‘Wi-Fi Finder’ app exposes 2 million network passwords due to an unprotected database
- The security lapse allowed anyone to access the database and steal other customers’ Wi-Fi network passwords.
- It is believed that tens of thousands of exposed Wi-Fi passwords are for networks in the US.
‘Wi-Fi Finder’, a popular hotspot finder app, has exposed nearly 2 million network passwords due to an unprotected database. The security lapse allowed anyone to sneak into the database and steal other customers’ Wi-Fi network passwords.
How was it discovered - Sanyam Jain, a security researcher and a member of the GDI foundation was the first to spot the data leak. He reported his findings of the leaky app to TechCrunch.
What data has been leaked - The unprotected database contained several records that included details about Wi-Fi network name, Wi-Fi’s precise geolocation, Basic Service Set Identifier (BSSID) and passwords. The passwords were stored in plaintext.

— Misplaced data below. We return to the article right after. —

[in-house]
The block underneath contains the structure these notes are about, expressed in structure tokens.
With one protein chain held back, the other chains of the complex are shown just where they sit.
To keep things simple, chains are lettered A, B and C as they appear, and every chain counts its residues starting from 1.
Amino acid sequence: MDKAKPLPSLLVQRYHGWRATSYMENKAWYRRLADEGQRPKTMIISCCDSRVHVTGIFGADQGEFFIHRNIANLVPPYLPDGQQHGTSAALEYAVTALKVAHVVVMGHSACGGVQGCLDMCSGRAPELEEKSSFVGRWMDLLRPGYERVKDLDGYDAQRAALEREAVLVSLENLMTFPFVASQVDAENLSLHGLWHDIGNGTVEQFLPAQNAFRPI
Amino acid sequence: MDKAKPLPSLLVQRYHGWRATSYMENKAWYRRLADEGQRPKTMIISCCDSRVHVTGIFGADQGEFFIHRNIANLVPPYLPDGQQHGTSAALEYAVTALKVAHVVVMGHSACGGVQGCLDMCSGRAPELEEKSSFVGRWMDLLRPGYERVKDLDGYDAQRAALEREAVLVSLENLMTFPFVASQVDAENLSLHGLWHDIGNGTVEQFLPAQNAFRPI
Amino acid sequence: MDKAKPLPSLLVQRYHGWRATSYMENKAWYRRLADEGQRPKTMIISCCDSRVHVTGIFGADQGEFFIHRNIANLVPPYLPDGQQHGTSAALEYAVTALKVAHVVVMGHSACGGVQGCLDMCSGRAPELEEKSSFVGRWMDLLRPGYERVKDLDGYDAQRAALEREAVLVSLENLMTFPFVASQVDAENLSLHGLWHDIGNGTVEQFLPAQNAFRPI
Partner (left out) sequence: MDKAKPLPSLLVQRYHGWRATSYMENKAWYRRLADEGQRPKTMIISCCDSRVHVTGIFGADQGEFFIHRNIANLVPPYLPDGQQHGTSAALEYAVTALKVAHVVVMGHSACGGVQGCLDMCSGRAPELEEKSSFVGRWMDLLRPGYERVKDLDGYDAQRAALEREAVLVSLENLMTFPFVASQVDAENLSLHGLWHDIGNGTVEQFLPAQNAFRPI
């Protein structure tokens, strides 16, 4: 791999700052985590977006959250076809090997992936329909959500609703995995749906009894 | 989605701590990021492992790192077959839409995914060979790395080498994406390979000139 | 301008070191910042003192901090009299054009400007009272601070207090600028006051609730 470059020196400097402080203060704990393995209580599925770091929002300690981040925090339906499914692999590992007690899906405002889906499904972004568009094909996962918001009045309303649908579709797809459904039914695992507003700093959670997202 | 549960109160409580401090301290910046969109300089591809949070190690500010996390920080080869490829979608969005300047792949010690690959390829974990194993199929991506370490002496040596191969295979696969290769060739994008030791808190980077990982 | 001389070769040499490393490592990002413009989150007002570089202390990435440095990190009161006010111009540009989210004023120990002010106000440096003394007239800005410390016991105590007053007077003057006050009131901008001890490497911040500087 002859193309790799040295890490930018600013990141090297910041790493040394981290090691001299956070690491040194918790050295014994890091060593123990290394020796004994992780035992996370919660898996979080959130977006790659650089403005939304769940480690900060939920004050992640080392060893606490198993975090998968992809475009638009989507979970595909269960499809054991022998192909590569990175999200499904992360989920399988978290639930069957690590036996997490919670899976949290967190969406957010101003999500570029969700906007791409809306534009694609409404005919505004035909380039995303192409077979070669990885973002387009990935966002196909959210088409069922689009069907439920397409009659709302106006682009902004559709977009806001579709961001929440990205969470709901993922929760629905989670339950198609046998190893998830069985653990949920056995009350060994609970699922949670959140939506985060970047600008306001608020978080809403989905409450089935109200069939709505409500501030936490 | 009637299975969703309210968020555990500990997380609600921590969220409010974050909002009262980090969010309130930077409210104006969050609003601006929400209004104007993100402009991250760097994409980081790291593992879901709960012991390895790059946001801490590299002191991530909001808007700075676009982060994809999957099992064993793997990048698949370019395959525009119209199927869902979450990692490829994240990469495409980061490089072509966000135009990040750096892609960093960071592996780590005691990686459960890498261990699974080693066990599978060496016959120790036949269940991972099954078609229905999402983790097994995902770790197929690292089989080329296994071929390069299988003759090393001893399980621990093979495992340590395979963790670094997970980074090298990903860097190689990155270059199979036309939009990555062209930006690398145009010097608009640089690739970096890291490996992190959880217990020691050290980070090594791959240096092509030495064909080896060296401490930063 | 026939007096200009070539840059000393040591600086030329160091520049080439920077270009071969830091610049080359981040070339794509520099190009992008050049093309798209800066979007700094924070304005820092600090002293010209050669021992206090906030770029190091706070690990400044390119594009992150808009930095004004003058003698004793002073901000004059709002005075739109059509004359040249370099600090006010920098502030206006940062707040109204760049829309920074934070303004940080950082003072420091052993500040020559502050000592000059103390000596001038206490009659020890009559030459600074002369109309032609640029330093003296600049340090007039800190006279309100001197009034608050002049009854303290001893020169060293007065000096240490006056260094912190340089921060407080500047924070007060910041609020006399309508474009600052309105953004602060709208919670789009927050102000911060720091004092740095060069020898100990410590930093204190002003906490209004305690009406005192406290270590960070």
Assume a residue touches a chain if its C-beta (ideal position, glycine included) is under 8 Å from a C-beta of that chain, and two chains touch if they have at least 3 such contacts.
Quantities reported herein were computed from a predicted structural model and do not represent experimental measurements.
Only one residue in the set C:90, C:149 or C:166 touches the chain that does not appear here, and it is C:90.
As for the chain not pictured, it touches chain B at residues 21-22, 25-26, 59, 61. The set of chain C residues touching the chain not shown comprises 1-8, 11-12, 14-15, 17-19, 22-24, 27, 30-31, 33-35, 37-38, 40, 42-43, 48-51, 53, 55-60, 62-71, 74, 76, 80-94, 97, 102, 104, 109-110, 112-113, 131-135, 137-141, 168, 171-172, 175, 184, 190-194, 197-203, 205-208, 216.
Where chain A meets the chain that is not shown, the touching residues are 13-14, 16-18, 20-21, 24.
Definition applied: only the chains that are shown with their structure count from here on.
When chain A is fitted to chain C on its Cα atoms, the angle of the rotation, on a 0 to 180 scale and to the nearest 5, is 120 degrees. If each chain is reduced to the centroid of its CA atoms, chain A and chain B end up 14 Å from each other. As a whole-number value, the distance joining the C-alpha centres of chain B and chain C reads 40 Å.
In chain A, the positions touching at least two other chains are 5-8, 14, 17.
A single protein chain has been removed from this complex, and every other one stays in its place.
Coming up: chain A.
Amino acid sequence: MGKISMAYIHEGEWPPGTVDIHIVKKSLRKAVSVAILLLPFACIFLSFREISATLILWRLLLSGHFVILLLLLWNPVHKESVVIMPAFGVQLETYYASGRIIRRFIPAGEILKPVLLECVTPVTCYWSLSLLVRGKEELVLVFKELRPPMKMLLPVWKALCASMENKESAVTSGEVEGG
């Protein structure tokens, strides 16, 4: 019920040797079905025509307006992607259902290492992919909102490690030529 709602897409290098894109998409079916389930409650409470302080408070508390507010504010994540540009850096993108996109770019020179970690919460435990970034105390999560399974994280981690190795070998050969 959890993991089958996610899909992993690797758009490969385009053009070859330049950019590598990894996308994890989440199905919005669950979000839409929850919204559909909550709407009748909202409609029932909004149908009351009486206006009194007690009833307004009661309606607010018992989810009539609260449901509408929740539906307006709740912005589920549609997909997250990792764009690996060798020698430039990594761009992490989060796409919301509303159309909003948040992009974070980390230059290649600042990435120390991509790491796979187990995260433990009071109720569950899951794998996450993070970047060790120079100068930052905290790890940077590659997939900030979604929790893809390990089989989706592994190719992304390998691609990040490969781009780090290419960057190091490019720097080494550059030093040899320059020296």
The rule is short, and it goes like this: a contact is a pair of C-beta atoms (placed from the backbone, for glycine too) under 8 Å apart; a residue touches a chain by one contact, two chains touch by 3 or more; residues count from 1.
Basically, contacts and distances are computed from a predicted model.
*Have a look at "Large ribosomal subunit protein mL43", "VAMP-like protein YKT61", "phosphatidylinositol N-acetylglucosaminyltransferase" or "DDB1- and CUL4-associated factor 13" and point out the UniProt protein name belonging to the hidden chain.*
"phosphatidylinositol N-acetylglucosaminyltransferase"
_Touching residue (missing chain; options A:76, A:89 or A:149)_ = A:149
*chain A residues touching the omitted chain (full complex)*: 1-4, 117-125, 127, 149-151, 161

How can it be useful for hackers - Since the app does not require any permission from the network owner, the exposed Wi-Fi network passwords can be a valuable target for hackers. They can modify router settings in order to route unsuspecting users to malicious websites. The hackers can even use the passwords to eavesdrop across the wireless network.
Who are the most impacted - Although the number of users is unknown, it is believed that tens of thousands of exposed Wi-Fi passwords are for networks in the US.
The firm has confirmed the matter and immediately took the exposed database offline. It has also notified the affected users.